“There may be an increased risk, but it’s minimal,” he continues. “So patients have to decide if that’s worth it for them to lead a more active lifestyle.”

Dr. Dragoo says he welcomes this study because it validates what he and other doctors have been hearing from patients for years.

“There have been anecdotal reports that many clinics have been allowing their patients to do activities like skiing and playing tennis, there have been good results,” Dr. Dragoo says. “What this paper does is test this claim with scientific rigor. “

So why aren’t high-impact sports affecting the implant after seven-and-a-half years? Dr. Parratte and his team say it’s likely due in part to better-made prostheses that are thicker and stronger than ones produced years ago. He also thinks the patients have something to do with it.

“The patients practicing these kinds of sports were probably doing it before the prosthetics so they have experience and probably are more able to protect the prosthesis,” he explains. “They probably are doing it more carefully and paying attention to their knees.”

Researchers did find one high-impact sport that hurt patients – so-called power lifting, which involves squatting and then lifting a bar with lots of weights off the ground and over your head.

“That’s very bad for the knee. Two patients in the series were practicing and both needed a revision,” Dr. Parratte says. “All the charges are going through the knee in a bad manner and it’s hundreds of pounds on the knee in a short amount of time.“  

Dr. Dragoo says he does see one shortcoming with this study and that’s the fact that patients were only assessed after seven-and-a-half years.

“It’s medium-term follow-up. But what we really need to do is show at 15 or 20 years, these implants are failing at the same rate, high impact or not. We need additional reports before we can come to the overall conclusion that this higher impact activity is safe,” Dr. Dragoo says. “But intermediate follow-up lends credence to the idea that more activity is OK for implants. It’s worthwhile reporting even though it doesn’t conclusively prove they are safe.”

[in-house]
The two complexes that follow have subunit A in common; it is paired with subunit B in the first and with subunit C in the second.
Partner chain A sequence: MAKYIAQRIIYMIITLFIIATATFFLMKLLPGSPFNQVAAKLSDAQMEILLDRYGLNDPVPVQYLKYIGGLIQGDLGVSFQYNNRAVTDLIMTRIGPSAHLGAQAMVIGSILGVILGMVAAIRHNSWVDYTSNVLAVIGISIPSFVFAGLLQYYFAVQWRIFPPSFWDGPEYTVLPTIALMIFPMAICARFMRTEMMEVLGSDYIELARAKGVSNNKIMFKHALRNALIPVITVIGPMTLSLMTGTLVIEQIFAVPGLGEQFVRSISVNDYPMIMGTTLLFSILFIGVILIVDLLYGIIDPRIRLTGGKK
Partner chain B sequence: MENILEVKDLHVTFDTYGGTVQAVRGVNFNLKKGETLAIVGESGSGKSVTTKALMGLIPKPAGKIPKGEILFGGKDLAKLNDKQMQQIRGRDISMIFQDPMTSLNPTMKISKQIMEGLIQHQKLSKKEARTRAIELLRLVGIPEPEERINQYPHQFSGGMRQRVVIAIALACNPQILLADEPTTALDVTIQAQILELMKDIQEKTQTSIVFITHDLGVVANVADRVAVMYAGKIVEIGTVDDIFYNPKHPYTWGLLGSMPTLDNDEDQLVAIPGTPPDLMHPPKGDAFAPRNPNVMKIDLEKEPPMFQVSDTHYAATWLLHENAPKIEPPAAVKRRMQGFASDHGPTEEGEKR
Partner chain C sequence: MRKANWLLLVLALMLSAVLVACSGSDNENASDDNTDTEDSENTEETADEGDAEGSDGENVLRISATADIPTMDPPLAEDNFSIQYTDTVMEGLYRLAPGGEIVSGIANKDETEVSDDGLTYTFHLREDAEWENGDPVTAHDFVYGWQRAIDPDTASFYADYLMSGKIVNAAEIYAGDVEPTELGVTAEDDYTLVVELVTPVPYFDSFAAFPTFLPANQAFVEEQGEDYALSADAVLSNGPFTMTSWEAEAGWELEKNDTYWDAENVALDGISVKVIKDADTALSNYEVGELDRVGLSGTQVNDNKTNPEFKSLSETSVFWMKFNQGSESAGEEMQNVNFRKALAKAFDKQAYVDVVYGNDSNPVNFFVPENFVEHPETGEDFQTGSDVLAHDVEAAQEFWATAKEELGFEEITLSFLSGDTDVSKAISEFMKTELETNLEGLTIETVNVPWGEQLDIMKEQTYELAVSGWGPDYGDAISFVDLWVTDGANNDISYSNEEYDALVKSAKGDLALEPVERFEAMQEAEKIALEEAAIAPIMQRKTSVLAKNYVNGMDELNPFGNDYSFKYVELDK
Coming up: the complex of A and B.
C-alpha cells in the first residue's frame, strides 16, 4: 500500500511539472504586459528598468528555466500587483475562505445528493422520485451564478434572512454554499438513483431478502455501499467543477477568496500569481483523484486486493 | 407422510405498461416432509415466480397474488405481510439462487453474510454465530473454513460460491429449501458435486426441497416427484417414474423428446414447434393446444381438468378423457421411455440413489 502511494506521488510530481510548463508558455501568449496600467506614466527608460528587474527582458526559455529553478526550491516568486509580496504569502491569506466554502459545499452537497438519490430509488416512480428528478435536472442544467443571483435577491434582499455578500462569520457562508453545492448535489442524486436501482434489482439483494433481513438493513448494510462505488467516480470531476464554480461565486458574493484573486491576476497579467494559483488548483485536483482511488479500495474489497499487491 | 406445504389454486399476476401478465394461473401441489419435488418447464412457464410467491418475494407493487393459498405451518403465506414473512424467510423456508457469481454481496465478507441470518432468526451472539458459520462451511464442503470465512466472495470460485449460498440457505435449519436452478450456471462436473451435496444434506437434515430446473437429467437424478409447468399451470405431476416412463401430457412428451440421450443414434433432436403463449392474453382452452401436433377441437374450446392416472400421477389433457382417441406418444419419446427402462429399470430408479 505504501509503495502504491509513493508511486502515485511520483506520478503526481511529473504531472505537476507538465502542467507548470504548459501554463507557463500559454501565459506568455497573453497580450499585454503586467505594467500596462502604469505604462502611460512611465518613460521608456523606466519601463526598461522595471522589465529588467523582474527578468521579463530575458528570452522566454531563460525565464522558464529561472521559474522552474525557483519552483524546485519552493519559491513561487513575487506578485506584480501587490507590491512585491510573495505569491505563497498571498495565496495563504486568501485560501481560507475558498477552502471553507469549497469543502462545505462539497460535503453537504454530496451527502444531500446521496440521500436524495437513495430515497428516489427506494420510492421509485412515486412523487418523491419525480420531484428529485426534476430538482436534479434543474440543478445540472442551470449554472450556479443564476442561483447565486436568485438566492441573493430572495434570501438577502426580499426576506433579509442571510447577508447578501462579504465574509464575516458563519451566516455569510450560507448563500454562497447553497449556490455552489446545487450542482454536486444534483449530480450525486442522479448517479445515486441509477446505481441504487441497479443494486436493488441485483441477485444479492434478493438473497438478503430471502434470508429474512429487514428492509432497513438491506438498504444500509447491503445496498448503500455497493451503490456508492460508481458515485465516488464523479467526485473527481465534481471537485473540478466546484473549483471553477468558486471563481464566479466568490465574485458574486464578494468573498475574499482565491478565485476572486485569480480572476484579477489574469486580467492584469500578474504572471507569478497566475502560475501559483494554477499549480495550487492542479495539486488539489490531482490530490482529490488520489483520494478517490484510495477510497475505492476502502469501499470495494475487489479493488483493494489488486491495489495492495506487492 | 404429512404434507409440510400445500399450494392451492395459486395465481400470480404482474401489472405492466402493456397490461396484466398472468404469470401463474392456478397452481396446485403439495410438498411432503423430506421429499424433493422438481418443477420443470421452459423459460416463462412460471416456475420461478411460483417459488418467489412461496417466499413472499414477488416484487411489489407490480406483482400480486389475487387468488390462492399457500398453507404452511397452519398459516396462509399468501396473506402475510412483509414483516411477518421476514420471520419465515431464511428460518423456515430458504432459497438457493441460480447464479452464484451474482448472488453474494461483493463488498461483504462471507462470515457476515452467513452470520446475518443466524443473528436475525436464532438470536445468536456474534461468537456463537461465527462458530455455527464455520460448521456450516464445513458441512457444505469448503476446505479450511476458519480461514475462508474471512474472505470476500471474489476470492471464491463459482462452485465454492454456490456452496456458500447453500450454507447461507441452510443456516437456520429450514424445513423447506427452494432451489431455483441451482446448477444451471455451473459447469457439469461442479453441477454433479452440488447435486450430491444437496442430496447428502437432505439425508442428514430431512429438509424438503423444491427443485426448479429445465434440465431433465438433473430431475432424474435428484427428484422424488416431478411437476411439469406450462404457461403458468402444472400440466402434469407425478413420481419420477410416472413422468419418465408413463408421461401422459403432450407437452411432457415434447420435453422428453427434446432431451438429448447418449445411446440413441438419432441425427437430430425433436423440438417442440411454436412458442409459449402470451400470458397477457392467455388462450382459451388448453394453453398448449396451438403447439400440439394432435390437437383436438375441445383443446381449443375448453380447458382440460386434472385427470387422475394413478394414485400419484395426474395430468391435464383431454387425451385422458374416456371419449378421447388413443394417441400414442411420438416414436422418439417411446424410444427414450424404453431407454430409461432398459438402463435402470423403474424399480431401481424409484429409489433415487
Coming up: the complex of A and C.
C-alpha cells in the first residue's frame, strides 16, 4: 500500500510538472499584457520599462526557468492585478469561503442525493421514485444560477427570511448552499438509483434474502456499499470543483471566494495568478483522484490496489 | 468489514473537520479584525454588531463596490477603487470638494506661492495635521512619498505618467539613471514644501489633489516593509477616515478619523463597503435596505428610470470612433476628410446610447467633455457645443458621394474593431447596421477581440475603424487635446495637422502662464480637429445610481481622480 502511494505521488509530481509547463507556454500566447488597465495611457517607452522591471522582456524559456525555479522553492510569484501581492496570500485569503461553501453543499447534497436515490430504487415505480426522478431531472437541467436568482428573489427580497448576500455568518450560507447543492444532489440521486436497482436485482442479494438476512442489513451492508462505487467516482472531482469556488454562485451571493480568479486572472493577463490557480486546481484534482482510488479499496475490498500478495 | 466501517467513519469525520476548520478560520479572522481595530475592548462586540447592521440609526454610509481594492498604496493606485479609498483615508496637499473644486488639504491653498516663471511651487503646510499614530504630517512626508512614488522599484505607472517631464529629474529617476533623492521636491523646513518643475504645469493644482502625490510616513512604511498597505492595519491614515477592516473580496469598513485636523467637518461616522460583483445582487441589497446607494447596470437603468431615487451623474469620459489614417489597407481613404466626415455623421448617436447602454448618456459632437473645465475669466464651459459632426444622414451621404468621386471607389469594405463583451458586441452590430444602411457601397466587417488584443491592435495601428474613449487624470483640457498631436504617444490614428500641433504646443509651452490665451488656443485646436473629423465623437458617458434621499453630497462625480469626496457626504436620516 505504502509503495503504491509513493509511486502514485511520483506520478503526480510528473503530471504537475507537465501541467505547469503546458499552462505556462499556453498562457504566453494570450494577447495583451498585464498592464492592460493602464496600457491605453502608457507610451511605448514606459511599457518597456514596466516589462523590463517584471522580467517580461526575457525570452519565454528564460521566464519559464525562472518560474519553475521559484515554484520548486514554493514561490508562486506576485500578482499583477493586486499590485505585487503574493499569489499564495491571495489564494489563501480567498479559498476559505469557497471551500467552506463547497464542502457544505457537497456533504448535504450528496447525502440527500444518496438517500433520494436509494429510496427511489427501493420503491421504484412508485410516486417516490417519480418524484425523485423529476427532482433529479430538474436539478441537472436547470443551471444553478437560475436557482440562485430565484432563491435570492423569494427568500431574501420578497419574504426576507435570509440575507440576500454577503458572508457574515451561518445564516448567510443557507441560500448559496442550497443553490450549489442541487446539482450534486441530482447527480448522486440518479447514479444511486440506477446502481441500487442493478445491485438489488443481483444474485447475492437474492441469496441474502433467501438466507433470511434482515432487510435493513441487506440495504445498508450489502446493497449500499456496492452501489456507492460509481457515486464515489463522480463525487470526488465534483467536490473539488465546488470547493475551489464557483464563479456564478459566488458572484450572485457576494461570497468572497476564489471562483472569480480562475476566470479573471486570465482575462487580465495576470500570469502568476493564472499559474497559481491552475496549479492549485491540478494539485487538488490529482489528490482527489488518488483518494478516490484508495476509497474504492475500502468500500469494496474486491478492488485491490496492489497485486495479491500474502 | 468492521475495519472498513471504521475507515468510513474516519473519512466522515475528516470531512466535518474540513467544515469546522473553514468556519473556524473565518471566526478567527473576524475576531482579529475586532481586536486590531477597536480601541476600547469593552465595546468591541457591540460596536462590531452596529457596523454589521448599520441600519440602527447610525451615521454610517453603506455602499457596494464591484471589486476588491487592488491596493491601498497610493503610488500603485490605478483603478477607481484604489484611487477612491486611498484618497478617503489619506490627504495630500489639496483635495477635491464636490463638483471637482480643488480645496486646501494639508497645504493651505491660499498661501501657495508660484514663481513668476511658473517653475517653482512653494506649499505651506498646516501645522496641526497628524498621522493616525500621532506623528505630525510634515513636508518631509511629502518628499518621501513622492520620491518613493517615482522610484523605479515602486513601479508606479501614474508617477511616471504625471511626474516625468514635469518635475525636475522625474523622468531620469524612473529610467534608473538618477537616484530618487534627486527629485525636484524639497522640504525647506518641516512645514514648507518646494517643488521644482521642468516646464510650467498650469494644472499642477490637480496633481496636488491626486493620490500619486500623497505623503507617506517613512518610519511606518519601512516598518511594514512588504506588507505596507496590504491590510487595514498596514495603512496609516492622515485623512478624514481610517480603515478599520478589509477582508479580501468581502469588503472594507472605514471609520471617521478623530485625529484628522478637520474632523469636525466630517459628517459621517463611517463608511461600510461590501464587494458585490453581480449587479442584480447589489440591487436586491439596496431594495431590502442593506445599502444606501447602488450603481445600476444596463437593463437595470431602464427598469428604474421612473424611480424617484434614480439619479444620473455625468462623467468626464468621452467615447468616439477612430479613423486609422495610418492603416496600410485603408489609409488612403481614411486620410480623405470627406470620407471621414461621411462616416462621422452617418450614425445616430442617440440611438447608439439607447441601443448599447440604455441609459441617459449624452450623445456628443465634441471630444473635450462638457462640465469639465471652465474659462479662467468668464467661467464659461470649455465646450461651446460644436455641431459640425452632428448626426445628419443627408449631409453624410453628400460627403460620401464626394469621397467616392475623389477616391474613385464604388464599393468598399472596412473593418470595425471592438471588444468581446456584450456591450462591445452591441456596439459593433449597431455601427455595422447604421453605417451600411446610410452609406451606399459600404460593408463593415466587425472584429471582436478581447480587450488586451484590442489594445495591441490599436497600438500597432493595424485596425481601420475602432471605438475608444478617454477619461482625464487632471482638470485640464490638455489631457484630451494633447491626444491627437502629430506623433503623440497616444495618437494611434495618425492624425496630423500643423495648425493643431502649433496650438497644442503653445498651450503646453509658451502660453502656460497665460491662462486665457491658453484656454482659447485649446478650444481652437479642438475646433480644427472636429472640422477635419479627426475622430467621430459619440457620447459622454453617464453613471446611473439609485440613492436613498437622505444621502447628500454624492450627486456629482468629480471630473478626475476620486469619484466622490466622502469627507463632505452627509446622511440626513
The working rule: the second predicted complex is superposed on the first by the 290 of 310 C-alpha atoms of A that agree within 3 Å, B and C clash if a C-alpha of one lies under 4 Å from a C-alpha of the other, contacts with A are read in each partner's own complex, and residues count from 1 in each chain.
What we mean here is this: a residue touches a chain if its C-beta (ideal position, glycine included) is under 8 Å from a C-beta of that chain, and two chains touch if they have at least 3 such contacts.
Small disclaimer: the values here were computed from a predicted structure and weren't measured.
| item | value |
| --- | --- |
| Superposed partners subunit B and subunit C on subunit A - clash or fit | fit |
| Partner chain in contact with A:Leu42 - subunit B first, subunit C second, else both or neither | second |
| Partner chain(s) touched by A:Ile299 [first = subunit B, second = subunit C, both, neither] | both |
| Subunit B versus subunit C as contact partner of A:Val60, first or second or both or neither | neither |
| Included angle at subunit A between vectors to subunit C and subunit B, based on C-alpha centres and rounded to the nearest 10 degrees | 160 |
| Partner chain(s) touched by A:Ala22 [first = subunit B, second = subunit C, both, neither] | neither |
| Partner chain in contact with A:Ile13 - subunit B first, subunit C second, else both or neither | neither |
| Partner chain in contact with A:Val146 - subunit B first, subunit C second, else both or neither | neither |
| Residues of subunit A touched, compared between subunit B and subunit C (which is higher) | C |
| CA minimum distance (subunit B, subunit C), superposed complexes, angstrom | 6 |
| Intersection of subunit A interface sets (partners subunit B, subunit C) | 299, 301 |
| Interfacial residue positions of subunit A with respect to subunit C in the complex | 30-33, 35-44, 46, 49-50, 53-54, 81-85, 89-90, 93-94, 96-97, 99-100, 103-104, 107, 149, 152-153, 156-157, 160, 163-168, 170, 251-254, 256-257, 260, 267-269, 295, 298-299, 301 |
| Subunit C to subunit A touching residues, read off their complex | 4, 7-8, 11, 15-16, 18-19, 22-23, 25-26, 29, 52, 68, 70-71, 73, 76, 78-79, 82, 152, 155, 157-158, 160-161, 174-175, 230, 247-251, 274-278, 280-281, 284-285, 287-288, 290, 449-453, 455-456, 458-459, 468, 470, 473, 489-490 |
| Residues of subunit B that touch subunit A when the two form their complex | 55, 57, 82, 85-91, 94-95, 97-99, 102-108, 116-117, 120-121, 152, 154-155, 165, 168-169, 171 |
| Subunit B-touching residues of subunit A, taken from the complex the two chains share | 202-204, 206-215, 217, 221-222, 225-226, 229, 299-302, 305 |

Bashir A. Zikria, MD, an assistant professor in the Department of Orthopaedics at Johns Hopkins University Medical Center who specializes in sports medicine also has concern about how long these study participants were followed. “It’s only seven-and-a-half years. The thing you worry the most about is long-term. As far as wear, you don’t know wear analysis for at least 10 years,” Dr. Zikria says.

So for now, Dr. Zikria says this study doesn’t make him want to change his recommendations to patients who’ve had total knee replacements.

“If they tell me at 15 years there’s no difference in the two groups of people then maybe I would change my opinion. But at seven-and-a-half years, it wouldn’t change the way I practice,” Dr. Zikria says.  “Just because something is good in the short-term doesn’t mean it will be good in the long-term.”

Dr. Parratte understands that it is too early to expect doctors to change their recommendations for knee replacement patients when it comes to what sports they should and should not take part in. But he says if further studies back up these results, it could happen someday.

“It’s good news for the patient, good news for the surgeon; and we have to keep on working on this for the future,” Dr. Parratte says.